Home Music Rediscovering Lost Paul McCartney: Wings “Wild Life” and “Red Rose Speedway” Stand...

So many things were wrong when the Beatles broke up, it’s hard to recount them. Basically, any solo record of any kind was embraced like a message from Moses on the temple mount. They were signs of life, of promise, that the boys were still working, that they might come back, that everything was alright.

Paul McCartney had hits immediately in ’70-’71: “Another Day,” the McCartney album (with “Maybe I’m Amazed” and “Every Night”), the “Ram” album with “Uncle Albert,” and so on. And then, for a bit, McCartney went dark.

What emerged was Wings, a group rock critics liked to slag, with Linda, Denny Laine, and Denny Seiwell. Their 1972 album, “Wild Life,” will be reissued on Friday, all remastered, with a separate CD of outtakes and so on. The original album was just 8 tracks, 4 to a side. There were no singles issued. Paul was suddenly too cool for singles. That was a mistake. But he wanted it to be intimate, and sound home recorded– of all which it was.

But real McCartney fans have always known about “Wild Life.” There was potential for singles. “Some People Never Know” is one of the gorgeous McCartney tracks ever. “I Am Your Singer,” properly arranged, would have jumped off the radio. “Tomorrow” is Macca-catchy, also perfect for radio. All three of them have been left off collections and compilations. With the latter, it kind of completes a set– “Yesterday,” “Another Day,” “Every Night” and so on. Paul cornered the market on ‘day’ songs.

The rest of “Wild Life” is pretty interesting. “Dear Friend” pleads with John Lennon for some peace in their fractured relationship. It’s such a sad song about the end of a friendship, the haunting piano and Paul’s almost moaning in pain still sends chills. “Love is Strange” is a cover of Mickey and Sylvia’s classic, reimagined for Paul and Linda, whom fans did not want to hear singing with him. Somehow it worked. (I asked Mickey about it when I met him– he approved.)

My favorites on “Wild Life” are the uptempo blues rocker “Mumbo,” and the slower, also very bluesy “Wild Life,” which runs over 6 minutes and has stood the test of time. Once you listen to “Mumbo,” you’ll have trouble getting the hook out of your head.

The new box set “Wild Life” also includes one of McCartney’s few political songs– “Give Ireland Back to the Irish.” It was banned everywhere as a standalone single but I still remember Casey Kasem playing it on American Top 40. It was hard to imagine McCartney being critical of the Crown and Parliament, but by that point Lennon was considered such a political activist, McCartney had to do something for the sake of his own relevancy. Remaking “Mary Had a Little Lamb” soon after kind of negated whatever progress he made on that score.  But “Give Ireland Back to the Irish” remains a lost gem.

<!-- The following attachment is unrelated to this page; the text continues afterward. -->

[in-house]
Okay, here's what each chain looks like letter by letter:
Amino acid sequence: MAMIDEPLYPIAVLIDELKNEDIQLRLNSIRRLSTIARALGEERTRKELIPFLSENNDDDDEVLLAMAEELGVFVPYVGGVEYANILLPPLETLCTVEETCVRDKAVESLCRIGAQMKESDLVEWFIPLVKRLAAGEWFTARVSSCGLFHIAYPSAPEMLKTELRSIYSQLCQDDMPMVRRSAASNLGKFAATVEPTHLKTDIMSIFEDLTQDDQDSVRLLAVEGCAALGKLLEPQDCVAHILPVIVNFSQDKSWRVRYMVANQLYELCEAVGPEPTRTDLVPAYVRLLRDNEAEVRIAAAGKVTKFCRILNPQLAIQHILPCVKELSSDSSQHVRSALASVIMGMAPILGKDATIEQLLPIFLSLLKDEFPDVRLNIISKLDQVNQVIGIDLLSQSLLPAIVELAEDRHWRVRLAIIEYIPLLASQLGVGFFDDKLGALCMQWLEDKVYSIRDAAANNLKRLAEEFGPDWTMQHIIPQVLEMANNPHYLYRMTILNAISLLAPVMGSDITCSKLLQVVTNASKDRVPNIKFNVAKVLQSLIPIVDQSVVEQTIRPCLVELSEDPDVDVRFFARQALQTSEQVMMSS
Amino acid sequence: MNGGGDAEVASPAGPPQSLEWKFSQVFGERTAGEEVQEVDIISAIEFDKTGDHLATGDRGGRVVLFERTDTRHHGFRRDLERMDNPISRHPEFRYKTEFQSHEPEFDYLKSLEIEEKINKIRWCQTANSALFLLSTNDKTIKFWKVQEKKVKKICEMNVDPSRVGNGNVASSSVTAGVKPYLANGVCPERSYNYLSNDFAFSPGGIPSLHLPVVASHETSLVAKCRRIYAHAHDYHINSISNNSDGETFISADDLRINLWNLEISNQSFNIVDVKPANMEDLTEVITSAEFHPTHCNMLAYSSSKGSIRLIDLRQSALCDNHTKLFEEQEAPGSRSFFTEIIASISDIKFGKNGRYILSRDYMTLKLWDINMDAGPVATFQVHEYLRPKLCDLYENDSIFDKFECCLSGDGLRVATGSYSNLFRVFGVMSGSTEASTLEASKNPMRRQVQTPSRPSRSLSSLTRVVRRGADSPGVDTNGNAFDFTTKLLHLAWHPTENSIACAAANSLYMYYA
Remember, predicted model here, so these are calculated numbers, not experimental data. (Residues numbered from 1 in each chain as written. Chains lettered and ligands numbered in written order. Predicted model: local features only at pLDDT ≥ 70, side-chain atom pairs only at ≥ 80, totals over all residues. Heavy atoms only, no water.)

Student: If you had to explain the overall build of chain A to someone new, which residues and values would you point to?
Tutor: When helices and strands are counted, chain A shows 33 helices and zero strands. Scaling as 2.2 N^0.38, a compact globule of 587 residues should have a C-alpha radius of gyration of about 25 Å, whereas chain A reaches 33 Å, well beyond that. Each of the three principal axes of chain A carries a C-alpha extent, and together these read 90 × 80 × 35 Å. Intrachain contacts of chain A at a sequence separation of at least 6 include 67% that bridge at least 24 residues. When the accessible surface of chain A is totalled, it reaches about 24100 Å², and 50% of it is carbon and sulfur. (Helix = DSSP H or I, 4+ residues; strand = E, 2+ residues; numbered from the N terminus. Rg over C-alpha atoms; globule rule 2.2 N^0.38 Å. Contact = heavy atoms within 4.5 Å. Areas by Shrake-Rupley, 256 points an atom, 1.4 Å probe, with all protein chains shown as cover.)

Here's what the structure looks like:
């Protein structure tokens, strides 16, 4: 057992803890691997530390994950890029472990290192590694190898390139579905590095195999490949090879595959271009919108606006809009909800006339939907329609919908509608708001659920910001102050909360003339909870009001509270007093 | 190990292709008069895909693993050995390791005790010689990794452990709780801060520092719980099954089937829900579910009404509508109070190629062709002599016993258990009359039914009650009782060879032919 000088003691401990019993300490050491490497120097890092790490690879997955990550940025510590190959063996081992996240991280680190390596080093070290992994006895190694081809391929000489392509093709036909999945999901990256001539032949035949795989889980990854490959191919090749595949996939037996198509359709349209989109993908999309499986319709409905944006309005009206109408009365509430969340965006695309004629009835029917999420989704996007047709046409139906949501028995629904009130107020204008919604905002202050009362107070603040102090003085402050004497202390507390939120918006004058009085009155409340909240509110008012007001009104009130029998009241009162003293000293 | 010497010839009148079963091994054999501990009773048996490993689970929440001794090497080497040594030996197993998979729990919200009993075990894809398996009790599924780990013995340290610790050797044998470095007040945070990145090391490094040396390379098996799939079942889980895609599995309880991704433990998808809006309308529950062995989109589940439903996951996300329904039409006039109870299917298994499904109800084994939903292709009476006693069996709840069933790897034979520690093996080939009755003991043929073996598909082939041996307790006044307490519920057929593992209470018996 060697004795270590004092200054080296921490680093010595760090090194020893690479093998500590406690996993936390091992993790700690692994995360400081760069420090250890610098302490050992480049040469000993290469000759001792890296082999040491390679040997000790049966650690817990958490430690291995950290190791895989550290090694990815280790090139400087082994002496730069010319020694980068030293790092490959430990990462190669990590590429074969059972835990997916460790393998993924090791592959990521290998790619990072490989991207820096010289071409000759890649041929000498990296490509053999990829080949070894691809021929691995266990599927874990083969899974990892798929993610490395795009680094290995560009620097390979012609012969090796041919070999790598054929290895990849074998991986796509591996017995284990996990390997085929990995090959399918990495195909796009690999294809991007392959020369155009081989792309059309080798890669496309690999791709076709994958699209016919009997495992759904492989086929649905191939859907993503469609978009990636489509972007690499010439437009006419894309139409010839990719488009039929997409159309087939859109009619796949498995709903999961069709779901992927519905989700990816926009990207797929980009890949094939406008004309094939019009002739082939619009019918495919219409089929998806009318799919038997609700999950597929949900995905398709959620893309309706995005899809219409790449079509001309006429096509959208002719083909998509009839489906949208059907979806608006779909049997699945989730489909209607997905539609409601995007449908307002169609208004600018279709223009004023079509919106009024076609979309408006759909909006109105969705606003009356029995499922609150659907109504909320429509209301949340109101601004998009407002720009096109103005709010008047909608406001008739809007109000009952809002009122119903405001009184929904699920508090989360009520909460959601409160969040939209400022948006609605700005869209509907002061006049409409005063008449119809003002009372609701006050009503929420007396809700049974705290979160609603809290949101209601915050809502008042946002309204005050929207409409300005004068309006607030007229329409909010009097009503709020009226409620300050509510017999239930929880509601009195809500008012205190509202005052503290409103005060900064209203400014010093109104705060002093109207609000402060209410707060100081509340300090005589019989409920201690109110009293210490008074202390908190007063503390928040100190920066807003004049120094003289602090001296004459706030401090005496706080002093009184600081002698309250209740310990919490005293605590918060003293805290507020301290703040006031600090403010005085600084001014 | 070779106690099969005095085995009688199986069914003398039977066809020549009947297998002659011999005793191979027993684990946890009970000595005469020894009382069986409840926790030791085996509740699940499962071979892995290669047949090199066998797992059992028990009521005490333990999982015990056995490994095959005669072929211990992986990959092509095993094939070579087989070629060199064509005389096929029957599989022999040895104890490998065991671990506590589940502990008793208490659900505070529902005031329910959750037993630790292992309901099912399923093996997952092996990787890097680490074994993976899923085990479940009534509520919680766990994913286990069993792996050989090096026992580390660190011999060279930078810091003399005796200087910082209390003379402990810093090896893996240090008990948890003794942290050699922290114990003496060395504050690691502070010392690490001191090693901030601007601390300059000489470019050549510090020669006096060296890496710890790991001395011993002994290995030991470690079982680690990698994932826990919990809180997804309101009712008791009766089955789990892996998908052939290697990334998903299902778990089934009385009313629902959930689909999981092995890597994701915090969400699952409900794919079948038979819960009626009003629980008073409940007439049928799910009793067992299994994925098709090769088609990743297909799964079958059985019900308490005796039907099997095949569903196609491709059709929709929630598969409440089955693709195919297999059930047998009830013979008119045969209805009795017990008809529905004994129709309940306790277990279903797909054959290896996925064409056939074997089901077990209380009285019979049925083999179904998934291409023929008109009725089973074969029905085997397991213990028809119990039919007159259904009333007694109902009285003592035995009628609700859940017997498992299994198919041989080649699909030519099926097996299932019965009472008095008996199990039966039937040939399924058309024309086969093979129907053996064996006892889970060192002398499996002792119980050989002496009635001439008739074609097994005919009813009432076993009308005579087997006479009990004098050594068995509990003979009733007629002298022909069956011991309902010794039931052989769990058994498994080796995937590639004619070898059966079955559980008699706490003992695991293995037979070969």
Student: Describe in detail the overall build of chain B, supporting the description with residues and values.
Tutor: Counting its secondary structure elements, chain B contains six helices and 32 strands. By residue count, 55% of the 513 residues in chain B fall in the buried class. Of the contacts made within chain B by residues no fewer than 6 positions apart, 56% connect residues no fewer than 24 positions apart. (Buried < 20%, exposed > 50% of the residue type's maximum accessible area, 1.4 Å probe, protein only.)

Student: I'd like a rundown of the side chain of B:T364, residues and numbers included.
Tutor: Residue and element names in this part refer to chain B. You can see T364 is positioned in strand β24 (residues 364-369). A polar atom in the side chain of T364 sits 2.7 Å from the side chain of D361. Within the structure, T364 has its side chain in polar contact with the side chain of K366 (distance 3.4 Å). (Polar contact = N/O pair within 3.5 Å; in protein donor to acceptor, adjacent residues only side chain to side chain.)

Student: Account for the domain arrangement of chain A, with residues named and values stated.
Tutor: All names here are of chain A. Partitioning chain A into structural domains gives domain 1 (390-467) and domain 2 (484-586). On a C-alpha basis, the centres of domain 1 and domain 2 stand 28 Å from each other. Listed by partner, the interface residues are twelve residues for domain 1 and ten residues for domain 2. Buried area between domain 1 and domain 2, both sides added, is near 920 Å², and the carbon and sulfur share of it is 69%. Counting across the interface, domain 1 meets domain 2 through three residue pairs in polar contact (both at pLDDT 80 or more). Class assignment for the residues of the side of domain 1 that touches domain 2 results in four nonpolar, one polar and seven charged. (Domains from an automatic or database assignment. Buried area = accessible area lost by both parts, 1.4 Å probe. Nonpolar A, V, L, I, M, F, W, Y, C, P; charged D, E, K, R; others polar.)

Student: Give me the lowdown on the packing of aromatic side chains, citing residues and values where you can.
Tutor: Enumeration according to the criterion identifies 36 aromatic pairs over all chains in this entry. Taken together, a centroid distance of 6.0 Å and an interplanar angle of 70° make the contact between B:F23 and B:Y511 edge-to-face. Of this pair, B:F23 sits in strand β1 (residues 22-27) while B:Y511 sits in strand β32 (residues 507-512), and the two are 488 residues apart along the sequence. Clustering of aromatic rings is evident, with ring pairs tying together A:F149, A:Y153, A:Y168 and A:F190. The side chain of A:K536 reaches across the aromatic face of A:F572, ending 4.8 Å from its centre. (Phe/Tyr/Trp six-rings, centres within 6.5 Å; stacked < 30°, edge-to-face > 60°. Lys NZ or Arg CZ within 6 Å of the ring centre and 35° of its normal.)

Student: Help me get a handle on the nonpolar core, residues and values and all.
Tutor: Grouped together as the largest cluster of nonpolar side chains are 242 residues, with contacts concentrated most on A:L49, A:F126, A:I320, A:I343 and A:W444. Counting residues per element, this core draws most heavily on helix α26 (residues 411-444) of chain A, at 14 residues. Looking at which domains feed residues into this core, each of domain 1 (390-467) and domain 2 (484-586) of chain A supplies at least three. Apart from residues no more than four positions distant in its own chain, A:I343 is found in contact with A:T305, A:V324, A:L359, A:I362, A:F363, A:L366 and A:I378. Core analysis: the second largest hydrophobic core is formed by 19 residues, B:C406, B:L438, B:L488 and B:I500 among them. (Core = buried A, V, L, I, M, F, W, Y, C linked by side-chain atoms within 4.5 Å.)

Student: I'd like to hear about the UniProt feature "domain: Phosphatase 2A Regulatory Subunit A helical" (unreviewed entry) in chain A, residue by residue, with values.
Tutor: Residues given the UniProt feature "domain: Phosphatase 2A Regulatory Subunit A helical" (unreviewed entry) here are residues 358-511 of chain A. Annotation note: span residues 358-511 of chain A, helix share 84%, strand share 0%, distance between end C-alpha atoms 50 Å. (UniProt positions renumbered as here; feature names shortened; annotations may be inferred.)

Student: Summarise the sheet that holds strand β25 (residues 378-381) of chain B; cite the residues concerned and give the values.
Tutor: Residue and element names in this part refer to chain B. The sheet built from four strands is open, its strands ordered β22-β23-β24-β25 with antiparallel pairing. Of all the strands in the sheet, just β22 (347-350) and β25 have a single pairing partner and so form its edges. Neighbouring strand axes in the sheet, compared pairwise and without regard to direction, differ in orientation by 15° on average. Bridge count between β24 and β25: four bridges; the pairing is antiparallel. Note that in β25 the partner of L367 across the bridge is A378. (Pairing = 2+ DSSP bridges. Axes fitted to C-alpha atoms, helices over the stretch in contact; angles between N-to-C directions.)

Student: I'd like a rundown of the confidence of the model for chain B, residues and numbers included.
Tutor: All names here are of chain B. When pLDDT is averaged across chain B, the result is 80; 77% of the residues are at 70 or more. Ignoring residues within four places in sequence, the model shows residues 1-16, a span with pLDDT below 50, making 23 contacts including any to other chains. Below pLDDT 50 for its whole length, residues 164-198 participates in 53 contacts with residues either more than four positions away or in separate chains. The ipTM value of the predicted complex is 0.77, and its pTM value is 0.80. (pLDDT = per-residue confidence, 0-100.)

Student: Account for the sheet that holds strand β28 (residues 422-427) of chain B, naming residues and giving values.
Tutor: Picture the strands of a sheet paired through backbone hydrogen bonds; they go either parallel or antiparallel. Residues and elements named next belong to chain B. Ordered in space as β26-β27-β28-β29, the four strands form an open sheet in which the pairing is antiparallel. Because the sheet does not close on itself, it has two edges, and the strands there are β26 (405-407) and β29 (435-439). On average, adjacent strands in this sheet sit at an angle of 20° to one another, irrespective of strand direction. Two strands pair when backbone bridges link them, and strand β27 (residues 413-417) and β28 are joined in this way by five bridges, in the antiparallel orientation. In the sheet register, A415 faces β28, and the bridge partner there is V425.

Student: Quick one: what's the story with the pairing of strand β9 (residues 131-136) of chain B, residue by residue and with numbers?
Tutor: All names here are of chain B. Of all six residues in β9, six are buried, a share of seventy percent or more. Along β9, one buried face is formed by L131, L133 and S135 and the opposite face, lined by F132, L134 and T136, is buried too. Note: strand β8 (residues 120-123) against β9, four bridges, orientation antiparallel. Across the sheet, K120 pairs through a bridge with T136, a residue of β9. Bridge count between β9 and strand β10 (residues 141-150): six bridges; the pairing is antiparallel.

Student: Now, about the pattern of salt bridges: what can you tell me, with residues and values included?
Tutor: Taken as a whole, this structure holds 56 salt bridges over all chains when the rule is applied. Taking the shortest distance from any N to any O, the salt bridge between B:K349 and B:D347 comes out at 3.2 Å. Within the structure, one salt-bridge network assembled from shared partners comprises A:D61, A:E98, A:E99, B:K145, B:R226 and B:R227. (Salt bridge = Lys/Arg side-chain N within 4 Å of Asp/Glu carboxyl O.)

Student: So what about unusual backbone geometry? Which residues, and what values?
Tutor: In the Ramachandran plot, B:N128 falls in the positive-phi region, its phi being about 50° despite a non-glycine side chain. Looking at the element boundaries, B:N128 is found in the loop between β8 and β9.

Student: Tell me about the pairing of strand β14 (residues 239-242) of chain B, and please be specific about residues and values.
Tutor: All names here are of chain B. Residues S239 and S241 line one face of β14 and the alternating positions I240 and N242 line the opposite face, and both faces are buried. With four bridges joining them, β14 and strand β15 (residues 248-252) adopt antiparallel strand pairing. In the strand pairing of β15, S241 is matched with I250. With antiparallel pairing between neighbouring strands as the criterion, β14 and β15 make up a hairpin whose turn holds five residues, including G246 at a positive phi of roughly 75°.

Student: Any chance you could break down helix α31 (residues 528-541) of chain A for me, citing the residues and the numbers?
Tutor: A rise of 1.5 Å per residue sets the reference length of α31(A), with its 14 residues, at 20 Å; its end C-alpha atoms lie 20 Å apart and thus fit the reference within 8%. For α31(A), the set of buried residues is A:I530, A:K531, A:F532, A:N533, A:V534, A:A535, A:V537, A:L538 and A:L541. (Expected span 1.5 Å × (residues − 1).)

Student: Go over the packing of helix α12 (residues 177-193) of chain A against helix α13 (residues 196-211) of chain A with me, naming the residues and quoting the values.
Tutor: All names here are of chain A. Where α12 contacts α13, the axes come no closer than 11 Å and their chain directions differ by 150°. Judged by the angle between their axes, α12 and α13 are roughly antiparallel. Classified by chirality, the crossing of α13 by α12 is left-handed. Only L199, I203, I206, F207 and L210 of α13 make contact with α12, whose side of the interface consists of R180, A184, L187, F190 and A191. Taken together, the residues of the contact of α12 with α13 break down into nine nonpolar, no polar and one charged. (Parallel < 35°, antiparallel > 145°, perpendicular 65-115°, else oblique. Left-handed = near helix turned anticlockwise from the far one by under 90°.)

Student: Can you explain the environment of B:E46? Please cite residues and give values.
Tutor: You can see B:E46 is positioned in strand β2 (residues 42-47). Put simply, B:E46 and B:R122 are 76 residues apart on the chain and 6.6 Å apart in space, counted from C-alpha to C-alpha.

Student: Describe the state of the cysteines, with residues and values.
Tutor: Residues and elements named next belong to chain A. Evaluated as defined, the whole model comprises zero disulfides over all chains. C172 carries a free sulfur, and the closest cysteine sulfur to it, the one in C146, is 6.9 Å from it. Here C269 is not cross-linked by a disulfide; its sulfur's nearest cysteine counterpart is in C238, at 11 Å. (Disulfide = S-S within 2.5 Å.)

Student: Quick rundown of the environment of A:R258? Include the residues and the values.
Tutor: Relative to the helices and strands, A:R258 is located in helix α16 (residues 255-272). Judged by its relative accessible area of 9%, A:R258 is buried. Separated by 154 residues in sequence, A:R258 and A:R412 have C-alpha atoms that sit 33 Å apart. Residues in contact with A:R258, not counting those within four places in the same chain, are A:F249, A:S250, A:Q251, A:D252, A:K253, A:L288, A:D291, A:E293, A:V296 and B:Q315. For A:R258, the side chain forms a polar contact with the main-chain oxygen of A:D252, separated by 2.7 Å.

“Red Rose Speedway,” also reissued Friday, followed in 1973. It was as if someone had come in and said, Paul, time to get back to work. “My Love” was the only single, a worldwide smash, a great ballad. I always thought they’d follow it with “Get on the Right Thing,” a terrific rocker, but one single was it. “RRS” has a lot of personal faves, including the ridiculously beautiful “Little Lamb Dragonfly.” McCartney lyrics can be saccharine or silly sometimes (“Silly Love Songs” being the nadir of everything). But he’s a tremendous composer of suites on all his albums, sticking pieces together like Picasso in which a whole emerges of unexpected melodic grace.

The “Red Rose Speedway” set is worth the price for its extras CD. There’s a solo version of “Live and Let Die” that is going right into my top 10 playlist. There’s a whole new look at the album that makes it grow in estimation with tracks like “Night Out” and “Jazz Street.” They also include the standalone “Hi Hi Hi,” with all its double entendres about sex and drugs. Somehow radio played that one even though it was ‘supposed to be’ banned. (Ha Ha Ha.) There are lots of cool B sides like “Country Dreamer,” “The Mess,” and “Little Woman Love”– the latter is a terrific little rocker– and “Seaside Woman” — an attempt at reggae written for Linda to sing, and she acquits herself very well.

These box sets are very helpful if you are not a wild collector of bootleg material. In the old days, I could walk into Golden Oldies on Bleecker Street (the original Bleecker Bob’s) and pick up all sorts of bootlegs on vinyl. There was a big mail order business, too. But that’s for fanatics with a lot of time on their hands. For those of us who need a little structure, the new McCartney sets give a very complete picture. (And I haven’t even mentioned the rocker “Best Friend.”)

Let’s all get on the right thing!

 

 

 

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